Understanding the Muslim Bans
The Muslim bans are a series of discriminatory executive orders and proclamations that the Trump administration has implemented. The first version, Muslim Ban 1.0, was signed and went into effect on Jan. 27, 2017. Within a day of this first executive order being signed, thousands of individuals across the country rushed to the airports in protest, and significant portions of it were immediately blocked by the federal courts. The administration has continued to issue multiple versions of the Muslim ban, significant portions of which have been temporarily blocked by the federal courts because they are blatantly anti-Muslim, unconstitutional, and an abuse of the president’s power. The fight to challenge the most recent Muslim bans continues.
BEYOND THE BAN: OTHER DISCRIMINATORY POLICIES AGAINST MUSLIMS
Despite intense opposition and criticism from the public, allied legislators, and the federal courts, the Trump administration has also pushed forward other discriminatory policies that share the same goal as the Muslim bans and target Muslims and other immigrants and communities of color.
Extreme Vetting (or the Backdoor Muslim Ban). On Mar. 15, 2017, the U.S. secretary of state called for enhanced screening of nationals of the six countries included in Muslim Ban 2.0. On May 23, 2017, the Office of Management and Budget approved discretionary use of “extreme vetting” questions, including inquiries into social media accounts and extensive biographical and travel information from the last 15 years. Impacts of the policy include a dramatic decline in visa applications, further delays in visa issuance to nationals of Muslim-majority countries targeted by the Muslim Bans, and discriminatory practices while issuing visas.
Ending Temporary Protected Status (TPS) for Sudan and Limiting It for Syrians, Yemenis, and Somalis. On Sep. 19, 2017, a few days before Sudan was removed from the list of banned countries under Muslim Ban 3.0, the Trump administration announced an end to TPS for Sudan, effective Nov. 2, 2018. Sudanese TPS- holders may be forced to return to a country that is still unstable. Since that announcement, TPS was extended for Syrians (on Jan. 31, 2018), Yemenis (on July 5, 2018), and Somalis (on July 19, 2018), but only for those who had already applied for the program, denying protection to anyone from those countries who arrived more recently, despite the fact that they fled the same dangerous conditions.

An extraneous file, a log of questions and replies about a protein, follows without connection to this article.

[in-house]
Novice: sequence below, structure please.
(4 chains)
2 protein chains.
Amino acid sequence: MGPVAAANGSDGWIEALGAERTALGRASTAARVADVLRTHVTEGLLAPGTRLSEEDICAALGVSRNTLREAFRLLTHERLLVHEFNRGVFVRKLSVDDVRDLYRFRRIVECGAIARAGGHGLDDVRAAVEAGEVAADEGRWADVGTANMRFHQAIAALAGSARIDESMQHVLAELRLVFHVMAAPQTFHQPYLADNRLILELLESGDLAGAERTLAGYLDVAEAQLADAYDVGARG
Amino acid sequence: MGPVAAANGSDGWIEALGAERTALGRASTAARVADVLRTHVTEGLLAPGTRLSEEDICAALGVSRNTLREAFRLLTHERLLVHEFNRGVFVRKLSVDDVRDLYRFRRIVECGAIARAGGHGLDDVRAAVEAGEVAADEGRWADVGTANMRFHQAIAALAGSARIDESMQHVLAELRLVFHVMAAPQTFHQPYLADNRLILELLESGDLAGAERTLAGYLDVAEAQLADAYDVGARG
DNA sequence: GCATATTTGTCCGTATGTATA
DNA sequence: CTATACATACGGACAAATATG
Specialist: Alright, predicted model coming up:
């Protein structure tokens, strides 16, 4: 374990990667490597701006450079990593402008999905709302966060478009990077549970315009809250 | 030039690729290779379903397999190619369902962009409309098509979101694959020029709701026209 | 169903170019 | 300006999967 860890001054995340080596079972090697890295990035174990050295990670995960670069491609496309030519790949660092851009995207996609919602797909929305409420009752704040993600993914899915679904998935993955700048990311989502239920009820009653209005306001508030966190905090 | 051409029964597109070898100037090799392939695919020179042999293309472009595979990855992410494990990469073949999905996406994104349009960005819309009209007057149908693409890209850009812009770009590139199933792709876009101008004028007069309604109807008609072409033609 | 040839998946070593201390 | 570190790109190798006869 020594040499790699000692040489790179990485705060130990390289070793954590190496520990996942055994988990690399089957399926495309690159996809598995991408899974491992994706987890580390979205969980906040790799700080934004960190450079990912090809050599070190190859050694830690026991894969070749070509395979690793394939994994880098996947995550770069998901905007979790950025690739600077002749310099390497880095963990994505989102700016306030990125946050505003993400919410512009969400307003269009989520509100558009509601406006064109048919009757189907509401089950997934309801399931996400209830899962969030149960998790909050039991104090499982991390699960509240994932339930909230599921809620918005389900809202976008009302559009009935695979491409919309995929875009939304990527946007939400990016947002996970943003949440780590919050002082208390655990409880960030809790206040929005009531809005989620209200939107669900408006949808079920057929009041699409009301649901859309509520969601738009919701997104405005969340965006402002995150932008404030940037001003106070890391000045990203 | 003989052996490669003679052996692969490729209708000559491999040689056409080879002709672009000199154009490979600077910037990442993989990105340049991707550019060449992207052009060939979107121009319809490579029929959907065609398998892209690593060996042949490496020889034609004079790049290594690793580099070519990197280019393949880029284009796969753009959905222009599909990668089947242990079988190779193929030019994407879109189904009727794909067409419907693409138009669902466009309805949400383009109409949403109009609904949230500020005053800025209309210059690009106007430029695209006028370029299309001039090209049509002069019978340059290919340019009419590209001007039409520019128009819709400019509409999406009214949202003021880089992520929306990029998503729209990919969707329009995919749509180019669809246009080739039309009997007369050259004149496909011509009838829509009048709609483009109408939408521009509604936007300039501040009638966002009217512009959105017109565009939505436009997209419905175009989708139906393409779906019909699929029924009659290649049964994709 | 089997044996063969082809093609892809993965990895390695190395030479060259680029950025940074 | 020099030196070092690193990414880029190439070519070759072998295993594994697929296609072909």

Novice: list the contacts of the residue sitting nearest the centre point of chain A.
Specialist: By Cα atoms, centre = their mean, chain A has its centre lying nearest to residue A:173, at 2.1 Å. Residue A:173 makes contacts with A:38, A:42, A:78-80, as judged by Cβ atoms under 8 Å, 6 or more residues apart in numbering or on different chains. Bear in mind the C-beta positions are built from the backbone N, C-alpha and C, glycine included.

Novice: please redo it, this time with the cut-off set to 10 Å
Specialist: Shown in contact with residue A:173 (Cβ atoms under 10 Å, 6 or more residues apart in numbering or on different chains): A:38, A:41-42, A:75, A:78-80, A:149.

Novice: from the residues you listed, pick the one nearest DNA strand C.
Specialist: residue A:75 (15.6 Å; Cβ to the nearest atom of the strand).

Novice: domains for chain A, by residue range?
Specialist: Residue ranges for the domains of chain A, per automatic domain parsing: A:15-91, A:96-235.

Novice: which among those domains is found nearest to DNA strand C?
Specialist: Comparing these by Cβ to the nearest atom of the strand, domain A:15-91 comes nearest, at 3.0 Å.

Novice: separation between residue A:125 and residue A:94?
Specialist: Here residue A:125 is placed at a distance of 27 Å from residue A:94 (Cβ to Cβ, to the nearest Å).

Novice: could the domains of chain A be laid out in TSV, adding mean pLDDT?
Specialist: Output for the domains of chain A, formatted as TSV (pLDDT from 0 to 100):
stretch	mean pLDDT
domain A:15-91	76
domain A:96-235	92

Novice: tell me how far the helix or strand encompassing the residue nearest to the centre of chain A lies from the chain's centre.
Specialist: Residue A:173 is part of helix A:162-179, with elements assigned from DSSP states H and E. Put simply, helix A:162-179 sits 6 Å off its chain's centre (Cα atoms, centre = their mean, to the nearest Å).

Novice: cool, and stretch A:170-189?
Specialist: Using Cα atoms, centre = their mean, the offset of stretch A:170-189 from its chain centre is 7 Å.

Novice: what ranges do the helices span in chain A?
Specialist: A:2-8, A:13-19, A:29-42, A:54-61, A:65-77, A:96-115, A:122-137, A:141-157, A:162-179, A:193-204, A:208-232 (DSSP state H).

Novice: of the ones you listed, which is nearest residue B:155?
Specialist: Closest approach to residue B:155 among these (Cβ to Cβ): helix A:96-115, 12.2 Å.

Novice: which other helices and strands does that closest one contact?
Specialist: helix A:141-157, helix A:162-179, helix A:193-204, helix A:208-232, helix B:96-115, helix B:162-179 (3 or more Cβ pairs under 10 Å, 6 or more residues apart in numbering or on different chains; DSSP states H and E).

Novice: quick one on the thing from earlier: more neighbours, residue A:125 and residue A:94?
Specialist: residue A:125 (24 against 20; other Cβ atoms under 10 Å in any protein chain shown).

Slashing Legal Immigration and Cutting Diversity in Our Immigration System. On Feb. 7, 2017, Senators Cotton (R-AK) and Purdue (R-GA) introduced a bill that would cut the availability of green cards by more than half and end our family-based immigration system. If passed, the Reforming American Immigration for Strong Employment (RAISE) Act, would cut current levels of legal immigration by over 50 percent, and eliminate the Diversity Visa Lottery Program, which provides opportunities for countries that send few immigrants — often those with a majority of Muslim and/or Black populations — to apply for a green card. These anti-family, anti-Black proposals are also actively promoted by the White House.
Slashing Annual Refugee Admissions. On Sep. 27, 2017, the Trump administration drastically lowered the annual refugee admission cap from 110,000 to 45,000, the lowest cap since 1980; Muslim Ban 4.0 specifically targets countries that account for approximately 80 percent of all Muslim refugees resettled in the U.S. in the past two years. In addition, refugees are being processed at such a slow rate that the program is currently on track to resettle fewer than 50 percent of the new annual cap, effectively reducing the admission of refugees to a mere trickle.
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The information provided in this document is just a basic summary and is not legal advice. Every person’s situation is different. For legal advice, please contact an attorney. For more information regarding the Muslim bans, please contact Subha Varadarajan, Muslim Ban Legal and Outreach Fellow, at email@example.com. A project of Advancing Justice-Asian Law Caucus, CAIR San Francisco Bay Area, and the National Immigration Law Center.